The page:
A Leaf with a Beautiful, Exceptionally Well-Preserved Historiated Initial by Ser Ricciardo di Nanni


(Italy: mid-15th century). 134 x 93 mm. (5 1/4 x 3 5/8"). Single column, verso with 14 lines in an elegant gothic rotunda.

Rubrics in red, one-line initials in red and blue, A NINE-LINE HISTORIATED INITIAL OF DAVID PLAYING THE HARP, the initial painted blue, green, pink, and burnished gold on gilt ground, with luscious extenders connecting to a FULL BORDER of similarly painted acanthus leaves, flowers, and gold bezants. A short, expertly repaired tear to fore-edge border, a hint of residue along the gutter where it once was bound, a breath of rubbing to burnished gold, but IN OVERALL BEAUTIFUL CONDITION, the paint fresh and vibrant, and THE FIGURE OF DAVID PERFECTLY PRESERVED.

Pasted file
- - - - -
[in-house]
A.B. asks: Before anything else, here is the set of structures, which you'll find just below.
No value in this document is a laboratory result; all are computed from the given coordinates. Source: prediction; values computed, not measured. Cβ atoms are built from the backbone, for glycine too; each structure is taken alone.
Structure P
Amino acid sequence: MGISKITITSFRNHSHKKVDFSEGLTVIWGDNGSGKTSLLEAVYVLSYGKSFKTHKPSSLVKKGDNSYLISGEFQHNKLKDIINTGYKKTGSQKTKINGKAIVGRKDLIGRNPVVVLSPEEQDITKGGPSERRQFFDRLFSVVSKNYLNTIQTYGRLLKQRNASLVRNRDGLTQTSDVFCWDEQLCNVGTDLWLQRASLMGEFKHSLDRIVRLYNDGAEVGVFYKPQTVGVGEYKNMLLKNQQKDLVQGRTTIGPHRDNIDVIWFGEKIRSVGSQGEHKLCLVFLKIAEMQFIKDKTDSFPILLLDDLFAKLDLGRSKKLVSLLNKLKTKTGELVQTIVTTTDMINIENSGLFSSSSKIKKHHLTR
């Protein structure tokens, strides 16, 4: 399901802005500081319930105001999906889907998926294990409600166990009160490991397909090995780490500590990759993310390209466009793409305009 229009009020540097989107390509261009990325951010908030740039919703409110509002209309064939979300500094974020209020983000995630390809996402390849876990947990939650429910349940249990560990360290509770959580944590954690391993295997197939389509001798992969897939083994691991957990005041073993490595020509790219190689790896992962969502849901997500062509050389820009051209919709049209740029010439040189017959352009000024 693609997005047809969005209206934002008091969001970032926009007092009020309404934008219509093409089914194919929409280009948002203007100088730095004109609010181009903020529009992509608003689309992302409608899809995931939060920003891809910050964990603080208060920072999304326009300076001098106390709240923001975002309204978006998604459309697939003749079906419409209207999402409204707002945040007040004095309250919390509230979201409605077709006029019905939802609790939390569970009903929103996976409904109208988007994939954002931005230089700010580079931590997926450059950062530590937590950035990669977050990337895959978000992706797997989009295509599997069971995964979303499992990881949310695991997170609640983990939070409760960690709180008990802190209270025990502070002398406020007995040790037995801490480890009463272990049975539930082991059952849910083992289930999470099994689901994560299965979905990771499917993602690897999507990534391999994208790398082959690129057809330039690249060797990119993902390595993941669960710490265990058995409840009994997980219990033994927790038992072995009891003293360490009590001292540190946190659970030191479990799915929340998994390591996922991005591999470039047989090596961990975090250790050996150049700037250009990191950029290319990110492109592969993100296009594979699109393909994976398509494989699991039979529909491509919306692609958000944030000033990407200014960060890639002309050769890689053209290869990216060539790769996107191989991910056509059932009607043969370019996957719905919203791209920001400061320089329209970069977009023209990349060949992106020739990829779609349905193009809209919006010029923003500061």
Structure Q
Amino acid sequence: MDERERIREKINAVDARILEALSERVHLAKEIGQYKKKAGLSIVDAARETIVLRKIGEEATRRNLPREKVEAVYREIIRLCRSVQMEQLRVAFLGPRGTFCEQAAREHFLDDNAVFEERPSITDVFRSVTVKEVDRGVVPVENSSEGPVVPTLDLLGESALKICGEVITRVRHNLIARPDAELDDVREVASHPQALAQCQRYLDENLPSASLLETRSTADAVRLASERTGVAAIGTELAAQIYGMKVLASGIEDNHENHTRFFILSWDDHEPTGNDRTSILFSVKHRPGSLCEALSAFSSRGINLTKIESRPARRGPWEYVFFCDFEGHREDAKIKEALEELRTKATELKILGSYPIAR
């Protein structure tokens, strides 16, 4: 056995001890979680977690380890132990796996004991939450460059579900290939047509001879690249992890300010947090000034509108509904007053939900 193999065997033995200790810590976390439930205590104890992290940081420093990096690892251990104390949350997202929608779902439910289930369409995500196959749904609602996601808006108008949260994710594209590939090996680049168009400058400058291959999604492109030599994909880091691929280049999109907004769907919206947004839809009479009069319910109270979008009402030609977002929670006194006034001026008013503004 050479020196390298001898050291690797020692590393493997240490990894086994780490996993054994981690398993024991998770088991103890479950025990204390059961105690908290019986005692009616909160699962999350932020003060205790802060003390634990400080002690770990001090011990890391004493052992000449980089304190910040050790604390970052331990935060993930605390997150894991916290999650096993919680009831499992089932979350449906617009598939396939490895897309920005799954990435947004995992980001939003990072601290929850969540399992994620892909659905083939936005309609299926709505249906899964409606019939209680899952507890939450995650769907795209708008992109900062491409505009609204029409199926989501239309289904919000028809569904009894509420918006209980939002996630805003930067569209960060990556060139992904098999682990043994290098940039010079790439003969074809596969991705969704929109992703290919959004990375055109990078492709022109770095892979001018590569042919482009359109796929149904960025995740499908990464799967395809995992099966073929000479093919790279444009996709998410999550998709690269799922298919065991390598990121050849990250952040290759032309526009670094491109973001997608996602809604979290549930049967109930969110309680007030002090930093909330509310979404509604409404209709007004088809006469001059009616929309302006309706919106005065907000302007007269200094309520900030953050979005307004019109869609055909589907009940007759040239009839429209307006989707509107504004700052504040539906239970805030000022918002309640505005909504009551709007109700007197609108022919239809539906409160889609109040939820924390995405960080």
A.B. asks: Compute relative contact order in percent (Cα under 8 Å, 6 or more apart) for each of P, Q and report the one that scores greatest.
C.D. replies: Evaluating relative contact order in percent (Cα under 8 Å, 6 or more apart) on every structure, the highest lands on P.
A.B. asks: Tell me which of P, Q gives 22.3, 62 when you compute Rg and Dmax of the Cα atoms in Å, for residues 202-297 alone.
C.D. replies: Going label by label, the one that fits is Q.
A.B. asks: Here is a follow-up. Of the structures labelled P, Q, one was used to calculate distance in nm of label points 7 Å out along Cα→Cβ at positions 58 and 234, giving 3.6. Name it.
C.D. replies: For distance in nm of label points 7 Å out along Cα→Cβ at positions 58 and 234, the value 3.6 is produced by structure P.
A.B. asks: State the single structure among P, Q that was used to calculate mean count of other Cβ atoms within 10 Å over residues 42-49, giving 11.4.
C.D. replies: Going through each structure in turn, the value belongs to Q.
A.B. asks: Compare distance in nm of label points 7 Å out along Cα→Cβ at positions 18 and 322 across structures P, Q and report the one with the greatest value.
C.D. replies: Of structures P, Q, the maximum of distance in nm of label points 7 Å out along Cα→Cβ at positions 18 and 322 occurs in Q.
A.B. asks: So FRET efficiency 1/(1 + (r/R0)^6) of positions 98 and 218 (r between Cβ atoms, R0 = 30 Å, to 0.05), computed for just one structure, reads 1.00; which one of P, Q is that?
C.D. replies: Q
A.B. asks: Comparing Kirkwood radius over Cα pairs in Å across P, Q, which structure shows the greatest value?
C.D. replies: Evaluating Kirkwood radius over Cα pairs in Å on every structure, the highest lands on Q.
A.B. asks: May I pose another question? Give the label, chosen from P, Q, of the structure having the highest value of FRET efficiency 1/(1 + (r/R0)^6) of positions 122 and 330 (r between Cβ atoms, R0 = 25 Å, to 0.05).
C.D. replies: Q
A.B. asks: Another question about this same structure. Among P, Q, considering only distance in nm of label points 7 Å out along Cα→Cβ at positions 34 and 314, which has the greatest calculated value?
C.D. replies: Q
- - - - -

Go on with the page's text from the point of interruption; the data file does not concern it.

This exceedingly beautiful Italian leaf, blooming with burnished gold and vibrant color, features an unusually large historiated initial by Ser Ricciardo di Nanni, a particularly skilled illuminator patronized by the Medicis and known to have worked on several notable illuminated manuscripts from the middle of the 15th century to about 1480. Favored by Piero and Giovanni de' Medici, for whom he supplied illuminations of mostly classical texts, di Nanni also worked for their father Cosimo, contributing his brush to some of the most stunning choir books ever produced. The quality of di Nanni's output positions him among the best manuscript artists of the period, and his illuminations appear in some of the world's finest collections, including the Getty, the Morgan Library, and the Fitzwilliam Museum. According to Christie's, "His style is supremely confident, fluid and appealing." His figures are "subtly modelled with washes of varying opacity and tone. People of all ages and sexes have large, heavily lidded eyes, sombre expressions--even the putti--and make tender, expressive gestures." The present leaf is an excellent example of this style: David's solemn expression is accentuated by his heavy eyes, sunken cheekbones, and long, downturned mouth--the personification of penitence. This portrait-like historiation puts the focus entirely on David's visage, asking the viewer to enter into direct dialogue with a figure begging for forgiveness. Besides being obviously beautiful to look at and encouraging the examination of one's own transgressions, this type of image would no doubt have been especially appealing to a humanistic audience with an interest in human thought and reason.